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urbanriot
Premium
join:2004-10-18
Canada
kudos:3
reply to Guspaz

Re: Organic Food.. same as non organic?

I'd never read this book, or heard of it... how did she cost millions of people their lives?


yoyomhz

join:2003-02-15
Beverly Hills, CA
the book by rachel Carson was no big deal.

In 1996 another ground-breaking book was published. Our Stolen Future by Theo Colborn and Peter Myers details the wealth of scientific research highlighting the ability of many supposedly safe manmade chemicals (including still widely used pesticides) to mimic hormones and – in parts per billion – interfere with immune system, cognitive and reproductive development.

Put simply, there is every reason to believe that chemicals in our environment are making us sick, stupid and sterile.


urbanriot
Premium
join:2004-10-18
Canada
kudos:3
Reviews:
·Cogeco Cable
Yea, I heard a program on NPR recently discussing various studies by the United States government to determine how various chemicals, such as cancer causing chemicals, are entering the bodies of regular people that do not interact with obvious cancer causing materials.

Yesterday I'd heard another study the US government is engaged in that's following 1200 girls to determine patterns such as ethnicity, income levels, geography, diet, etc., and if there may be a pattern influencing higher levels of something that causes breast cancer, and they're not exactly sure where it comes from.

This topic's study referred to 'nutrition' in organic food yet people erroneously used the term 'healthier'. Even the title of this thread asks if the foods are 'the same'...

No one in this thread has indicated that they're more of an authority on the subject than those with high level degrees that have said that these additional chemicals are 'bad for you', 'good for you', 'probably okay', or 'we don't know the effects', so I'm pretty much defaulting to my original opinion that it's logical to assume that less of something bad is good for me.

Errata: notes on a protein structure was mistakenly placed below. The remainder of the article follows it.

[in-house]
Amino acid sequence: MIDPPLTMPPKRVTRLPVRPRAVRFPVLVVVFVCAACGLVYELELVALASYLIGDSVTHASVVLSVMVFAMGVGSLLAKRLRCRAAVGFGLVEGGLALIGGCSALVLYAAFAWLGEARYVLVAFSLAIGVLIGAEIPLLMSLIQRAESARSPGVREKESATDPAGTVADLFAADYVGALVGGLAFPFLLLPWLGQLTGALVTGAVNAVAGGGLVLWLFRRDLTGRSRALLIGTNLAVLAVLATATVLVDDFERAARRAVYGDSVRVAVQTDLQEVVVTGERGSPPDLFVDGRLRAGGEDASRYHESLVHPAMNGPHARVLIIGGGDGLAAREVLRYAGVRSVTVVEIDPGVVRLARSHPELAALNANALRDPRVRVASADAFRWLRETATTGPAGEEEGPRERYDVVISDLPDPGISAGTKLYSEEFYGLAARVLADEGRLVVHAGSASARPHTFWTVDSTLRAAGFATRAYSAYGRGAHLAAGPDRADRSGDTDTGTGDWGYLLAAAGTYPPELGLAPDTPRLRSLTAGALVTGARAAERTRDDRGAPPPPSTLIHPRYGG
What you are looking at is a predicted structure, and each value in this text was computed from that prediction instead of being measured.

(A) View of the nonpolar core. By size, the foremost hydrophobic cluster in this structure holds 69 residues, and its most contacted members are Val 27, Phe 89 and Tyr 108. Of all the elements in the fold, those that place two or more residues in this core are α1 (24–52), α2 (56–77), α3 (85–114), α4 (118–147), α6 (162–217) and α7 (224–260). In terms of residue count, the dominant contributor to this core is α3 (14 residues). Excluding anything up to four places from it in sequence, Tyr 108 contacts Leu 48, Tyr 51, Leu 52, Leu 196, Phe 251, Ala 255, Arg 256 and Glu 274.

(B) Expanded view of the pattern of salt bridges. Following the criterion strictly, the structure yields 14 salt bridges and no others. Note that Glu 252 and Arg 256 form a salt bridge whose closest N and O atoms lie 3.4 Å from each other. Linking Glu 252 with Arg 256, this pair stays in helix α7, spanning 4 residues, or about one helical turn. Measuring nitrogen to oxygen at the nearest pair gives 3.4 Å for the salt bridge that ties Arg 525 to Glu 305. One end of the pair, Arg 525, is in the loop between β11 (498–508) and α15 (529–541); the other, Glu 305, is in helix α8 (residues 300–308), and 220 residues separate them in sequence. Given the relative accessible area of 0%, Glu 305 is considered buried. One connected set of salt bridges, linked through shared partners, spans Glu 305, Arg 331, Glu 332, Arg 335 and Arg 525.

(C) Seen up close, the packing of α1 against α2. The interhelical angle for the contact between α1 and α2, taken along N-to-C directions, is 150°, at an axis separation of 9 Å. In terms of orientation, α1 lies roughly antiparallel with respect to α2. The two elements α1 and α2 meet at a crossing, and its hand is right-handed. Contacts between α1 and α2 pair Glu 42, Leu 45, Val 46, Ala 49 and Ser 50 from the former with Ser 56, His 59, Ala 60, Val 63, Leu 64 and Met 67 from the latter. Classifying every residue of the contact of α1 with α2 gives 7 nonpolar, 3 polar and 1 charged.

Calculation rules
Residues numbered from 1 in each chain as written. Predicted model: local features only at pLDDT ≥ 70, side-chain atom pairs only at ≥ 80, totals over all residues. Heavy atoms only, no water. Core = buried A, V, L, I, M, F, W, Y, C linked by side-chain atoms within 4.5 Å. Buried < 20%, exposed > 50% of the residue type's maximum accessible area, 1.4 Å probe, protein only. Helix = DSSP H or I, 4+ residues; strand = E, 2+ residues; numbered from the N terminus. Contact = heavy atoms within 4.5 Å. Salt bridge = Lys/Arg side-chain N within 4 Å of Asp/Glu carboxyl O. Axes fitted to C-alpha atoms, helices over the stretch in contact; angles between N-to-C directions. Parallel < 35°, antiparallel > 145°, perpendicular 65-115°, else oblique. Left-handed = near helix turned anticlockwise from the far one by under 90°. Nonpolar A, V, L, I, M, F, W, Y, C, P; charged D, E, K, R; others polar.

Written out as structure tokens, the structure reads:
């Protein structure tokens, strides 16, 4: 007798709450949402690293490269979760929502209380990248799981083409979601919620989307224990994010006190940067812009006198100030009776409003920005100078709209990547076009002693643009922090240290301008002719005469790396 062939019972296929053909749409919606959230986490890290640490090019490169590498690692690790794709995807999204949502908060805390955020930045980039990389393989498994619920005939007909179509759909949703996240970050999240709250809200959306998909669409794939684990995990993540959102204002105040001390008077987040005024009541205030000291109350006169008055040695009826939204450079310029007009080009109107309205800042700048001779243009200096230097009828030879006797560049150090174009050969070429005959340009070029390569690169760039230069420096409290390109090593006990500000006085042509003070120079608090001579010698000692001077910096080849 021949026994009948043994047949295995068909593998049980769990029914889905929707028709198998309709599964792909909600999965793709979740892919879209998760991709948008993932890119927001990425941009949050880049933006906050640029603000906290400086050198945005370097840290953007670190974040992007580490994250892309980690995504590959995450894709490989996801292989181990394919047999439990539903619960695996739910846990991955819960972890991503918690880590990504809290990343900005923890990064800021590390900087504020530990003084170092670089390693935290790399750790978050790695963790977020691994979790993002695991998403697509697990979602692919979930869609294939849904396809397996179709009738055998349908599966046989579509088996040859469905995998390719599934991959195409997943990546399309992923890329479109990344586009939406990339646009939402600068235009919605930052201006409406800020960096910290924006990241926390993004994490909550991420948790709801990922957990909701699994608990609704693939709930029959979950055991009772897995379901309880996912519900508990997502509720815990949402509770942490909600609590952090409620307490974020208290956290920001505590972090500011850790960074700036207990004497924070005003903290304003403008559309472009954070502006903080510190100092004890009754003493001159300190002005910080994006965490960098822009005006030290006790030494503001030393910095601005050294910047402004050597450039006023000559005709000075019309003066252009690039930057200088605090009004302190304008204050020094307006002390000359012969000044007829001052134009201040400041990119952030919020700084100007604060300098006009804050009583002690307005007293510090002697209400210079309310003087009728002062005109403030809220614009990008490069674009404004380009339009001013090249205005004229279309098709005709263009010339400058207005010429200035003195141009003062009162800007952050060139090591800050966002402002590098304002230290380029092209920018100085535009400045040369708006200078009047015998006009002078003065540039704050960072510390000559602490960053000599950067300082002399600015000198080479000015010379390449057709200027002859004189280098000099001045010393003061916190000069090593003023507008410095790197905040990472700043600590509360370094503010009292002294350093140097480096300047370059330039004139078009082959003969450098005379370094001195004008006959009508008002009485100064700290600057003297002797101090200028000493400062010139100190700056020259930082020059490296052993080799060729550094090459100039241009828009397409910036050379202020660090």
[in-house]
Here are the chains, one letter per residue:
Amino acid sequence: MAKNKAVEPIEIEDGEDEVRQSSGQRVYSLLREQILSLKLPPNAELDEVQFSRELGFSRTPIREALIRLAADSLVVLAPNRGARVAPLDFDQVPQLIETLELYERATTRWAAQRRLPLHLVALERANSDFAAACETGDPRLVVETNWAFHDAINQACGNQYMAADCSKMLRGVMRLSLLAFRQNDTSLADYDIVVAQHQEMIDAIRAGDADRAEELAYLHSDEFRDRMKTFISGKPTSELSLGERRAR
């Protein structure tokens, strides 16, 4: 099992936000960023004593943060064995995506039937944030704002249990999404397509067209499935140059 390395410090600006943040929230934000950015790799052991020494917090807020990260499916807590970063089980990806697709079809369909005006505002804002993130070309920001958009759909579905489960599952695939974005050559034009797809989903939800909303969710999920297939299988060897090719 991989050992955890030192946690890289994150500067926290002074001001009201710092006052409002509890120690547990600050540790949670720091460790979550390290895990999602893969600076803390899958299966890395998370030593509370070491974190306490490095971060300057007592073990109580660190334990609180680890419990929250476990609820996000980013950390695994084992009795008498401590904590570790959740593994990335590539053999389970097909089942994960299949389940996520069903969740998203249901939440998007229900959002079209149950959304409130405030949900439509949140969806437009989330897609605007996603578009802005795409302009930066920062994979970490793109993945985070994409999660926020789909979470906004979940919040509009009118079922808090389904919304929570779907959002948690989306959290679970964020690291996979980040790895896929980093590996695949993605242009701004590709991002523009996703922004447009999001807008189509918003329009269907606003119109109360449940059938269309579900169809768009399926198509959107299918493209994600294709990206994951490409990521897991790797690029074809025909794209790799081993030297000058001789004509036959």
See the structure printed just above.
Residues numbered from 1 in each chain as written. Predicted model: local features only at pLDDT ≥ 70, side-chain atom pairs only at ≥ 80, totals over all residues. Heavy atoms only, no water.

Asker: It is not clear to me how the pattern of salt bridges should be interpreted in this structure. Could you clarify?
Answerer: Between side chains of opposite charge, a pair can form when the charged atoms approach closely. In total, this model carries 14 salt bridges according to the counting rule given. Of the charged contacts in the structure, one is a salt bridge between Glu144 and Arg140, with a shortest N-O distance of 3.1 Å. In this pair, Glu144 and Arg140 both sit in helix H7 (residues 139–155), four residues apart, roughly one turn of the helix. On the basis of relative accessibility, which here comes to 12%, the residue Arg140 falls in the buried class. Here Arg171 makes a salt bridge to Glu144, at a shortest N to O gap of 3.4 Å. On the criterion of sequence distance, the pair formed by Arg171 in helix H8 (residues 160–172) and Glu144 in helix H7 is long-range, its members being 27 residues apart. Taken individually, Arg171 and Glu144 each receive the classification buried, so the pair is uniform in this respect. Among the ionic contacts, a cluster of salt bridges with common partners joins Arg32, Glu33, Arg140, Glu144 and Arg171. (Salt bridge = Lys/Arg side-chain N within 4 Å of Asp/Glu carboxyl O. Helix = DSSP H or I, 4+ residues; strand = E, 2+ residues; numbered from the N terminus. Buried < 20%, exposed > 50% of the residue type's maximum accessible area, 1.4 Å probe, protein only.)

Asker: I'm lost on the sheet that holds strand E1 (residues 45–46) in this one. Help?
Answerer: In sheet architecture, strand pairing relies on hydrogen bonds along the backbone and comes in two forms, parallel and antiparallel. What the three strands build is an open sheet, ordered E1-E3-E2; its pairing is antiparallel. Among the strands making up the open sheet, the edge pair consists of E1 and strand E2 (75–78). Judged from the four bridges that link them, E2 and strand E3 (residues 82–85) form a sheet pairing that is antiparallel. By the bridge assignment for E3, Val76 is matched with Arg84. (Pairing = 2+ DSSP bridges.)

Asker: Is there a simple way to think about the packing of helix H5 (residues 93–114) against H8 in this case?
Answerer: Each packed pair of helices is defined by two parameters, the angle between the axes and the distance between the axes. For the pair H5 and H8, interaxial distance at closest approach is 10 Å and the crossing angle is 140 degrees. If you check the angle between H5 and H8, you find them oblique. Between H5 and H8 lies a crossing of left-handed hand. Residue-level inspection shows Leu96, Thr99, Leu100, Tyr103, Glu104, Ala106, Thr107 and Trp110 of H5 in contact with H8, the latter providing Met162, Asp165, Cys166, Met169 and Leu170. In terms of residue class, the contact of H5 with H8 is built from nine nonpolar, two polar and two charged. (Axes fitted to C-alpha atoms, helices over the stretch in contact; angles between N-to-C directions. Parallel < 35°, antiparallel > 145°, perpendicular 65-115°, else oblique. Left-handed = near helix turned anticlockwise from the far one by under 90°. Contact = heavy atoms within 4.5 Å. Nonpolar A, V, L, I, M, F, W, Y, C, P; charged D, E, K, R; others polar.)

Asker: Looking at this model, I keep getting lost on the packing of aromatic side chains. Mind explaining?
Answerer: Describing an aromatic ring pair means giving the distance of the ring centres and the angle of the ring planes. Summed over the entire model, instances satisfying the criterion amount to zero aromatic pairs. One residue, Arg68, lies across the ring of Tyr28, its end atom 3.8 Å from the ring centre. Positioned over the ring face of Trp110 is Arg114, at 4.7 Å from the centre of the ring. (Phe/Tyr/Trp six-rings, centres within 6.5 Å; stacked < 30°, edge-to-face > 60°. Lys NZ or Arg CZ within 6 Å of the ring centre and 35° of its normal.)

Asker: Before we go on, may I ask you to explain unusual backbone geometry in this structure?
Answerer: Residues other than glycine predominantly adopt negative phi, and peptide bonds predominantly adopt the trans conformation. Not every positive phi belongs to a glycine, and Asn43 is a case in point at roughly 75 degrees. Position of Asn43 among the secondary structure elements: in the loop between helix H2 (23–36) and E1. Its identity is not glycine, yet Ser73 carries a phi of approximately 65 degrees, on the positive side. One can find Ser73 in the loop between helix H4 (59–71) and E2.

yoyomhz

join:2003-02-15
Beverly Hills, CA
there is an extremely easy way to know if one tomato is more nutritious than another tomato.

If both tomatos look perfect on the outside, but one of those tomatos will sit on your table for seven days without any rotting, without going bad at all, and if another tomato will immedaitely start to deteriorate, the first one has good internal quality, and it's more nutritious. That's how you know. Too much chemical fertilizer = less nutritious. Poor internal quality and sprayed with fungicide to make it look good on the outside = less nutritious.

Another way (for fruit) is by taste. Fruit picked green is less nutritious. Fruit picked over ripe is less nutritious. Fruit loses nutrition eveyr day it sits around, so fruit that was picked yesterday is more nutritious. and, fruit that tastes better is more nutritious. I've tasted organic oranges, picked at the perfect time, that were so good, I ate five of them without stopping. I've also bought giant sized commercially grown oranges that looked good on the outside and had no taste whatsoever. Those are not nutritious.